dating english silver hallmarks

Establish that it has one of single stammtisch worms the.
This set of marks tells us that this piece was made of Sterling, in the city of London, in the year 1789, during the reign of King George III, by the silversmith Thomas Wallis.
Click on the letter you want to date or on a date letter cycle (column) in the table below to see a larger view (scroll down for earlier dates The London Assay Office is administered by the London Goldsmiths' Company.The second mark was used from 1906.Anchor for Birmingham, leopard's head for London, etc.).Note whether it has a sovereign's head.In 1544 the leopard's head mark was adopted as the mark of the London Assay Office.Town marks for imported silver have differed from the normal marks since 1904.Identify the, maker's Mark, they are listed by city and in alphabetical order by the first initial).Click here for a comparison of British Silverplate Marks to British Sterling Hallmarks.A typical set of antique British silver hallmarks showing (left to right andard Mark, ty Mark,.Date Letter,.Duty Mark and ker's Mark.The prime purpose of these marks is to show that the metal of the item upon which they are stamped is of a certain level of purity.This is the origin of the term "hallmark".Having identified the city mark, click on the link to its date chart and find your.The metal is tested and marked at special offices, regulated by the government, known as assay offices.Hallmarks on British Irish Silver.It has been in operation since the 1300s when a law of Edward I required all silver sold in England to be of at least the same quality as the silver currency (hence the term "sterling" for the silver standard).The date letters were changed on the day that the Goldsmith's Guild wardens were elected, originally St Dunstan's Day (19 May) until the Restoration (1660) and 29 May thereafter.Note, british hallmarks come in sets, the rule of thumb is, if you do not have a complete set including: Standard mark, city mark, date letter and maker's mark a duty mark if, the item is either from another country or a piece of silverplate.By 1478 it was deemed more practical for items to be brought to Goldsmiths Hall for assay and a permanent assay office was established there.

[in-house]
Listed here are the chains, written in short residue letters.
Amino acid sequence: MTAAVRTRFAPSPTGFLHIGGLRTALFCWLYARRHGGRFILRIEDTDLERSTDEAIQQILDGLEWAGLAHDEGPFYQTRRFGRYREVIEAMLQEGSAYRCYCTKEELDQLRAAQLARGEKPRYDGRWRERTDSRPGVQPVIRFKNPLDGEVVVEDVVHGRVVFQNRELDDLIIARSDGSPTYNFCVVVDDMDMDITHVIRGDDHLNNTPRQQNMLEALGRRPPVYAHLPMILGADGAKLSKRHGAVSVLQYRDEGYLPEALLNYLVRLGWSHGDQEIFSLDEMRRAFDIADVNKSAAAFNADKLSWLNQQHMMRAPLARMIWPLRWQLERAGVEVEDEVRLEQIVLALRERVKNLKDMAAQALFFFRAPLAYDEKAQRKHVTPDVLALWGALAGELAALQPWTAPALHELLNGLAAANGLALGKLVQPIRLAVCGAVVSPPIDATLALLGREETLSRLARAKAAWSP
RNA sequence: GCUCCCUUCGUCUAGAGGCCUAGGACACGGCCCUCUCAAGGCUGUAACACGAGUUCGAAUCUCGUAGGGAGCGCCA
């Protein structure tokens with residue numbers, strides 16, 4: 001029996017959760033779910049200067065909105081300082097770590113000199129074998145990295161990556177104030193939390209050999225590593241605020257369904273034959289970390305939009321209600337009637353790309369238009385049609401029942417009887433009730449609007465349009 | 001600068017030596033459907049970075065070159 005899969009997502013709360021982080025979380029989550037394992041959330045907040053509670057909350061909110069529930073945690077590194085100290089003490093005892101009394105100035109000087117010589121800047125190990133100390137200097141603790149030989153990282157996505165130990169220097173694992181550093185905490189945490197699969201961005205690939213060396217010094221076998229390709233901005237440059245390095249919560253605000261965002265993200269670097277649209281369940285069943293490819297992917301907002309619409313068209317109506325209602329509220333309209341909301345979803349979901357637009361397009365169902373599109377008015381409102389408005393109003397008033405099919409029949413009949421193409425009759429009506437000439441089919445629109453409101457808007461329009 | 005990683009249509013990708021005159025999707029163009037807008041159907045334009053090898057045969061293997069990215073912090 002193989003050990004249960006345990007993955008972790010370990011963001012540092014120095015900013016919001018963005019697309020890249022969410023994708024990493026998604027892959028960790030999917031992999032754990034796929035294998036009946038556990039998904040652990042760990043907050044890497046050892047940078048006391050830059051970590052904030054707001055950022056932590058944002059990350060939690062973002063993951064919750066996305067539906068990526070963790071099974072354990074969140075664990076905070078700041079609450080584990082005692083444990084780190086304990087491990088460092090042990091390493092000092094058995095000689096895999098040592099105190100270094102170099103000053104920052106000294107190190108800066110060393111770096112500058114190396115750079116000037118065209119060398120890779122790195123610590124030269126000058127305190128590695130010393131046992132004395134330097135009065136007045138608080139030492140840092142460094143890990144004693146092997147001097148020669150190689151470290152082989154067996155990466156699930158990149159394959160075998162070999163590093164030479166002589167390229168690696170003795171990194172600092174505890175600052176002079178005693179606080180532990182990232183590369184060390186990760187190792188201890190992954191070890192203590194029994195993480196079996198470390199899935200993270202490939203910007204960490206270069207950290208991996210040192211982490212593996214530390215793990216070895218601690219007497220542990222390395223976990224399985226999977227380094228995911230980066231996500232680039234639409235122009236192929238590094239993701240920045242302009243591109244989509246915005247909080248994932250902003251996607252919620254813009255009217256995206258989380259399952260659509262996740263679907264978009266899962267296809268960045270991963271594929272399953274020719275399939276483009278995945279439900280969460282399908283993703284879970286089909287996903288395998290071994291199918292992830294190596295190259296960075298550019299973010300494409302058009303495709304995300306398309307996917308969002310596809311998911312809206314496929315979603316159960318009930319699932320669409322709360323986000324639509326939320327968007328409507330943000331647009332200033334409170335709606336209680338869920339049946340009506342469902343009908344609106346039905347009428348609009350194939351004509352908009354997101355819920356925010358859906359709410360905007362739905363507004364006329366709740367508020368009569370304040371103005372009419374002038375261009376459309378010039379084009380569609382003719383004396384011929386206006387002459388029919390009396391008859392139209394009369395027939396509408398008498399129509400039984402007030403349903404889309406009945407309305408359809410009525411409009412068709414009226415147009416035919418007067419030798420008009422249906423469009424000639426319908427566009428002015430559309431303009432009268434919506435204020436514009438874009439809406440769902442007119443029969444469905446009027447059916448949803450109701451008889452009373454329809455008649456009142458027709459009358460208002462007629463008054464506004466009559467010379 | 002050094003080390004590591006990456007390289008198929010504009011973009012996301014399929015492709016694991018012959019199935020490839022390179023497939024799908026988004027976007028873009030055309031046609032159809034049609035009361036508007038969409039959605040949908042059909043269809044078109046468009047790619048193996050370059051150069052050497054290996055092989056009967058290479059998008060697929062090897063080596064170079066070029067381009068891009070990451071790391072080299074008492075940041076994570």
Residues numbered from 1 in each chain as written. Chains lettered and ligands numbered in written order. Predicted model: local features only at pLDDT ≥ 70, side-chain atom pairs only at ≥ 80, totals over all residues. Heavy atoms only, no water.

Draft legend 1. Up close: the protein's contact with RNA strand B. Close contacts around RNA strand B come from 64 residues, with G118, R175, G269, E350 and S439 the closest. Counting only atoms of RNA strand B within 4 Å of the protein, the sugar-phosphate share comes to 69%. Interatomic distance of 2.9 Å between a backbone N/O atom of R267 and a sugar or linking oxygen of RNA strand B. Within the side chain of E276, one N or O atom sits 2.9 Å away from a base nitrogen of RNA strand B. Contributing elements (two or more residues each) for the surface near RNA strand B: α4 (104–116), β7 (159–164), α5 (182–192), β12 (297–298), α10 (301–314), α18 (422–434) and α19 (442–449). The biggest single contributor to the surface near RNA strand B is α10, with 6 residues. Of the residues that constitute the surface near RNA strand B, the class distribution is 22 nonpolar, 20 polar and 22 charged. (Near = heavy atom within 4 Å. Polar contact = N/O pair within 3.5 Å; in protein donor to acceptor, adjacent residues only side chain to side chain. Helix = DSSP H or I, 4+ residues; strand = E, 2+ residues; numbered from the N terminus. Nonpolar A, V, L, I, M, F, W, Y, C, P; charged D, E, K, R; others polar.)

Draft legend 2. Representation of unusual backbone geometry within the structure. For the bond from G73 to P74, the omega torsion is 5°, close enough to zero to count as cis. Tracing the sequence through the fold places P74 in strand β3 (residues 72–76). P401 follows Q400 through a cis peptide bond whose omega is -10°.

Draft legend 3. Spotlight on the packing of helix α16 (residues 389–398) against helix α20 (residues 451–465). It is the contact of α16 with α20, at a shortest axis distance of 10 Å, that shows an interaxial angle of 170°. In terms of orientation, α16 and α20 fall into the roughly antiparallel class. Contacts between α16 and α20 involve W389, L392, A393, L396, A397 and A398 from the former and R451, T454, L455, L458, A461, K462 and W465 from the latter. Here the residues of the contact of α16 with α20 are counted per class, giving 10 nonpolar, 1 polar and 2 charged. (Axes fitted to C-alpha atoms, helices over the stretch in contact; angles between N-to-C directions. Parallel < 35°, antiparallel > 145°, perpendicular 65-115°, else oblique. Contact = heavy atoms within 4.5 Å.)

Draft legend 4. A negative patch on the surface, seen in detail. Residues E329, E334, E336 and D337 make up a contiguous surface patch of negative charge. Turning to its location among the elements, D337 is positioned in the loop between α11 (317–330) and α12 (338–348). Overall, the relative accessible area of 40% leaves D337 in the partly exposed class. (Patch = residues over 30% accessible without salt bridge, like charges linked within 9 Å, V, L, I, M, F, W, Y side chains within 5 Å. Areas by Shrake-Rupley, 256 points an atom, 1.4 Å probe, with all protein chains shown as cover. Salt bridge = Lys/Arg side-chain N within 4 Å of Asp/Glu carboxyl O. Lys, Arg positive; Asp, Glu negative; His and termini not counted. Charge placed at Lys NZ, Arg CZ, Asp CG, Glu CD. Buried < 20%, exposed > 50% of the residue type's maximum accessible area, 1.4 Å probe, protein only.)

If items passed they were authenticated with the King's mark, a leopard's head.